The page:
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Uniphore Funding Signals Conversational AI on Verge of Massive Shift
This week, conversational AI vendor Uniphore announced a massive series E funding round of $400 million at a valuation of $2.5 billion, bringing its total funding to $610 million. This is, by far, the largest round of funding for the company. In its press release, the company stated it would use the money to “extend Uniphore’s technology and market leadership with advancements in voice AI, computer vision and tonal emotion, as well as to expand its business operations globally, specifically in North America, Europe and Asia Pacific.”
The geographic expansion makes sense, given customer experience trends are global. The rest of the statement is somewhat vague, but I’m guessing that we should expect to see Uniphore step on the sales and marketing gas and use its big bucket of cash to acquire a company or two to add to its conversational AI platform.
This round of funding also supports my thesis that conversational AI needs to be redefined, which I discussed in this No Jitter post. The valuation Uniphore was given is a clear indicator that investors are looking at the market more broadly than conversational AI for chatbots, as that market size is likely barely a couple of billion.
Last year, Uniphore acquired Emotion Research Labs (ERL) to bring emotion detection into its portfolio. As part of my research in writing that post, I interviewed long-time industry thought leader and early Uniphore investor John Chambers of JC2 Ventures. “Companies do not want individual AI silos,” he stated. “They want to share common information, common learnings, and act on the outcomes.” That statement was certainly in line with my post earlier this month.
One data sciences axiom states: “Good data leads to good insight.” It’s also well understood that the opposite is true — bad data leads to bad insights. What’s often overlooked is that silos of data lead to incomplete insights or ones that need to be correlated to have the best data to make a business decision. Consider an omnichannel contact center where a customer is interacting over multiple channels. AI done solely on a chatbot might only see positive information as a customer may always turn to a phone call for difficult situations. Ideally, the company would want a complete view of all interactions, but that requires a single source of truth with an AI platform that can analyze it, which is what Uniphore is trying to build.
Another interesting move by Uniphore was the acquisition of Jacada, which brought the low-code/no-code arrows into the companies quiver of capabilities. Historically, working with AI required a significant amount of developer support, but businesses don’t always have the time or resources to get into a long developer-led project. The concept of “composable communications” has gained significant momentum and is a key theme at the upcoming Enterprise Connect 2022 show. In fact, I’m doing a panel on this topic on the morning of Monday, March 21.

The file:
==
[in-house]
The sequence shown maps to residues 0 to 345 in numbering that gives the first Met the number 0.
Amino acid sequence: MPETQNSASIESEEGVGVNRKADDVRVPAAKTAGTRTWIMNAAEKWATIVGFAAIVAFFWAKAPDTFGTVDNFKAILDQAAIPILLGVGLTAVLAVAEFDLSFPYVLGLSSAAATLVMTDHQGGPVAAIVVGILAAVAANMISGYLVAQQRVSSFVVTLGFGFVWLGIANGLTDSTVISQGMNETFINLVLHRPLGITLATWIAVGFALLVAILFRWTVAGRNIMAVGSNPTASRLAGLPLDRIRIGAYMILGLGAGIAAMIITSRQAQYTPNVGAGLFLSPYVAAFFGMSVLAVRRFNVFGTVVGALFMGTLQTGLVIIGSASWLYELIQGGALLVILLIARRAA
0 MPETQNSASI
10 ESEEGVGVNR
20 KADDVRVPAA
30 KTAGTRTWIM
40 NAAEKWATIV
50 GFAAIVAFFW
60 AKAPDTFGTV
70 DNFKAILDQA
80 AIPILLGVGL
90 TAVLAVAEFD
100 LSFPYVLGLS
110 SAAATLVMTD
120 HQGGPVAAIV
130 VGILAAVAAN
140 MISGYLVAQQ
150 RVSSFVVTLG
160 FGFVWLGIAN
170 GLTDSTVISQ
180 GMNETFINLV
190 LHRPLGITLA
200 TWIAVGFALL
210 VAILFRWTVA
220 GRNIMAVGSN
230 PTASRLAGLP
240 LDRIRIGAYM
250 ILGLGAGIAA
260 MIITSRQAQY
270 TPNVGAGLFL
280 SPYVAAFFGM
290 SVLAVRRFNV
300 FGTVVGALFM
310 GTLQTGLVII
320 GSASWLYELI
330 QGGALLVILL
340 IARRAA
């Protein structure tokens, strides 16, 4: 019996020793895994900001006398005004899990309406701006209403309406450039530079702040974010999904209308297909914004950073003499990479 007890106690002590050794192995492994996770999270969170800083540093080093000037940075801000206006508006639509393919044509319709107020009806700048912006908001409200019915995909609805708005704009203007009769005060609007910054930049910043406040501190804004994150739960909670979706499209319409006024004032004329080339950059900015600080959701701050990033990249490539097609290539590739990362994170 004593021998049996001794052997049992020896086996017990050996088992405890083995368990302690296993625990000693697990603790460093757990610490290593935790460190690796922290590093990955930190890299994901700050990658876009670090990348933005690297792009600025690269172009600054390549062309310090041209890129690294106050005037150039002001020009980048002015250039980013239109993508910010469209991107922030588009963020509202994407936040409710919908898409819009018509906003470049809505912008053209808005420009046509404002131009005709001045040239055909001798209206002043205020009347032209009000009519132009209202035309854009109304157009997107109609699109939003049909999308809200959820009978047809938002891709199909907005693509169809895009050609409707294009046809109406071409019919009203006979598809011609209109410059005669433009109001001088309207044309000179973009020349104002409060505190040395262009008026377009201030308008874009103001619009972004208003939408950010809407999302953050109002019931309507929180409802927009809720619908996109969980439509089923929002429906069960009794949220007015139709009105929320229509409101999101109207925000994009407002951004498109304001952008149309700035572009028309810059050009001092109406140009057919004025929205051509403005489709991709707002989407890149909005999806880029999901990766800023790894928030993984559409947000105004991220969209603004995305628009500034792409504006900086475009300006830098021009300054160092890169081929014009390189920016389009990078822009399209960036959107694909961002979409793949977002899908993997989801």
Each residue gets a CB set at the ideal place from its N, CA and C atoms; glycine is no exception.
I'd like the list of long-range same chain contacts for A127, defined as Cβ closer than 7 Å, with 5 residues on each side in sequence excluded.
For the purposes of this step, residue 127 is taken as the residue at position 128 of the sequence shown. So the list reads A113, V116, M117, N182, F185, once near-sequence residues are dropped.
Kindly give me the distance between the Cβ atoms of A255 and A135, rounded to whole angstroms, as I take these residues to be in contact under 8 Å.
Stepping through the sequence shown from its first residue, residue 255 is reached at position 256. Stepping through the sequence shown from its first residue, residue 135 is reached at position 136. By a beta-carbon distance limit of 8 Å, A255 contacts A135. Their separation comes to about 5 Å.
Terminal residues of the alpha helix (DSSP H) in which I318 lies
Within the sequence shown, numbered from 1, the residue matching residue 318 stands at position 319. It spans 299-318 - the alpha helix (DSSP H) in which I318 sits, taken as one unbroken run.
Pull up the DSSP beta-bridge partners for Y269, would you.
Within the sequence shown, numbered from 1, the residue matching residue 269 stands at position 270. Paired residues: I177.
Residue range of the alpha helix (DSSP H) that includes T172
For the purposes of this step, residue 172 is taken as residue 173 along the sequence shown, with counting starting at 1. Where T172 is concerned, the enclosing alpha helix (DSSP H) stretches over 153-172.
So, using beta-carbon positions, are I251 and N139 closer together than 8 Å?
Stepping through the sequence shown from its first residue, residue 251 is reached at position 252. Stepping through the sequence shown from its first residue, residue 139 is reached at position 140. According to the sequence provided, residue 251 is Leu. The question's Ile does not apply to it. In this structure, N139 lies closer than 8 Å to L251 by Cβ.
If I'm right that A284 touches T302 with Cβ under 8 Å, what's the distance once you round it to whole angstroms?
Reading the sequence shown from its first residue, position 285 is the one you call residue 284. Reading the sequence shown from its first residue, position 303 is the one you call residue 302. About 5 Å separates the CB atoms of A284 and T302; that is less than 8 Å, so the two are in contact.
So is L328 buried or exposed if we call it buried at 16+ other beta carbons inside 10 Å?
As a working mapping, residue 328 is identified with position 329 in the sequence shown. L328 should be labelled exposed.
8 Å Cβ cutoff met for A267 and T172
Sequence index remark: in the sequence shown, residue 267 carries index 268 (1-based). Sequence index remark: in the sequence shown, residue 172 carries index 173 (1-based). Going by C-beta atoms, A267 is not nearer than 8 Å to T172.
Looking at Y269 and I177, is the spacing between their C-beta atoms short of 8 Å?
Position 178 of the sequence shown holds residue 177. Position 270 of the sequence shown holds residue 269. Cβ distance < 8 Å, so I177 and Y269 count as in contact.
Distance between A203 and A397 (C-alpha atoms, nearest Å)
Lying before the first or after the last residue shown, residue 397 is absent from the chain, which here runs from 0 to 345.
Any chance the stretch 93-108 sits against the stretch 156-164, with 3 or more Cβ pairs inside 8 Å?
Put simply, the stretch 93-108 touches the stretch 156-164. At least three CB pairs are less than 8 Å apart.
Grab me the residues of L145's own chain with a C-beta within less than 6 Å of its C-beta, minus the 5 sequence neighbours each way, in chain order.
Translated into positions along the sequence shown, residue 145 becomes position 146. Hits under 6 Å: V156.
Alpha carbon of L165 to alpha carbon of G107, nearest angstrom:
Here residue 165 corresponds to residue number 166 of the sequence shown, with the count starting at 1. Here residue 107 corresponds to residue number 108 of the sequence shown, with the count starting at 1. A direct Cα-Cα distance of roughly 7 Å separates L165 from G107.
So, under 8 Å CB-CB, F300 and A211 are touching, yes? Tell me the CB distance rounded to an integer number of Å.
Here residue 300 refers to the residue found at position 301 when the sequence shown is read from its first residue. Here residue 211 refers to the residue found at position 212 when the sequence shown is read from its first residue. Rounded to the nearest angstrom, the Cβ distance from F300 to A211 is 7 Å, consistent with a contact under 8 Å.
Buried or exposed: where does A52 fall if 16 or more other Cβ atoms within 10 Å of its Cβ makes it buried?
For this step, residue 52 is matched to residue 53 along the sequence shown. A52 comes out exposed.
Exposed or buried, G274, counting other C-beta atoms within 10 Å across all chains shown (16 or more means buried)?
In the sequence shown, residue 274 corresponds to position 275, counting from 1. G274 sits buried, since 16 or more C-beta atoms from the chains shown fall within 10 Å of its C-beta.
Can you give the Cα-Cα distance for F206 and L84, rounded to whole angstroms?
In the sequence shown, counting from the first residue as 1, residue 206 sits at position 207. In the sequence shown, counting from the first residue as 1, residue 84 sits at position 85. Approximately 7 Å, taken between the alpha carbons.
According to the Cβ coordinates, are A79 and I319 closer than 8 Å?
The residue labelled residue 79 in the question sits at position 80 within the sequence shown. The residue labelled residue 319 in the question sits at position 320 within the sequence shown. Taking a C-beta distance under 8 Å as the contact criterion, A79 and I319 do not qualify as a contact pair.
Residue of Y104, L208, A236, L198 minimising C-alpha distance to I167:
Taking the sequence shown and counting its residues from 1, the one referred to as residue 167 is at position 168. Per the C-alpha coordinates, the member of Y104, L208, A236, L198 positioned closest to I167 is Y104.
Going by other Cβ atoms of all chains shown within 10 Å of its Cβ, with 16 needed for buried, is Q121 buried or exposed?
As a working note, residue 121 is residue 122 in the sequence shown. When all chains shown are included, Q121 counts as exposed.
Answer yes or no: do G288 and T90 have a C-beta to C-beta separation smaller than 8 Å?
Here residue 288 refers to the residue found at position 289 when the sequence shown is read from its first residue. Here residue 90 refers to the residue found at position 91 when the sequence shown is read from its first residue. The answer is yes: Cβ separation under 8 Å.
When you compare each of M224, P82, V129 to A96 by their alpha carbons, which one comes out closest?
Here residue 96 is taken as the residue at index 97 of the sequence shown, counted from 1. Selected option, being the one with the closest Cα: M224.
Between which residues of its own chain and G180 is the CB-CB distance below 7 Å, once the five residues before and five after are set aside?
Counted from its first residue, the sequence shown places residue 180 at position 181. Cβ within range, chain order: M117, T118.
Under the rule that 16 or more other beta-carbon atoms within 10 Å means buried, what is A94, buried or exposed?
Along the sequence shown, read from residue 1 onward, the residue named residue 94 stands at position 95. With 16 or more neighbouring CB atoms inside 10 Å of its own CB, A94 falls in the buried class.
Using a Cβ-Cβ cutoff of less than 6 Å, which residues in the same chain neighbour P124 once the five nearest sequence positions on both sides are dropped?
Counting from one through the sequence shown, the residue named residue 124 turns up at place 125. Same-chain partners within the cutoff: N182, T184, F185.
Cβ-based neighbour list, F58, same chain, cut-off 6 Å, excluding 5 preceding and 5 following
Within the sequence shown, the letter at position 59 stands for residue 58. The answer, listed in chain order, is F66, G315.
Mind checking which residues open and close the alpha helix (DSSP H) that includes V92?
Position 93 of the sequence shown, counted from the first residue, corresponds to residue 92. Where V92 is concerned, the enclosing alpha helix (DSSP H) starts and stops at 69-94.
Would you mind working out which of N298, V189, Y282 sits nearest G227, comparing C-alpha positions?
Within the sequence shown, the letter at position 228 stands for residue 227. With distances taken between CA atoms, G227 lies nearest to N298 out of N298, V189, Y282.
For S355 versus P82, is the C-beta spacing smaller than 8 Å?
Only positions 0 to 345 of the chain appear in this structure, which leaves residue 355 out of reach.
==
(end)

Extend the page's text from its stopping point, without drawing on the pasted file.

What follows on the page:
As has been well documented on this site and others, composability is about more than CPaaS and APIs. It’s also the ability for line-of-business professionals with little to no coding background to create custom experiences via low-code/no-code tools, and Jacada brings that to the Uniphore platform. Through Jacada, customers can generate interactive flows to automate processes. It also has post-call workflow automation to improve agent and customer interactions. For example, if an agent makes follow-up promises to the customer, these can be logged automatically, reducing the number of dropped balls.
Businesses looking at conversational AI must understand the scope of the technology. While it certainly makes chatbots better, that’s just a small part of what’s possible. Customer experience is now the top-brand differentiator, and companies that nail conversational AI will sustain market leadership. Those that don’t will struggle to compete. Conversations need to be thought of holistically — chat, voice, and video tied together with emotion AI and automation capabilities.
Uniphore’s $400 million round of funding is validation that investors believe in the direction of the company, but a bigger story is unfolding here. We are on the verge of seeing the conversational AI industry explode. Uniphore is a good company with strong leaders, but I see this funding more as validation that the industry is changing. Investors will favor platform vendors versus one-off product companies, and Uniphore currently has the pole position. I believe it’s currently the only vendor that addresses all the elements I laid out above and can apply to contact centers and other enterprise functions such as sales and marketing.
Currently, over 20 vendors are in the Gartner MQ, not including Uniphore, NVIDIA, Cisco, and other companies working in this area. Most of those companies are niche vendors that do one thing well and will be acquisition fodder as conversational AI shifts to a platform. This is going to be one of the hot areas to follow in communications in 2022 and beyond.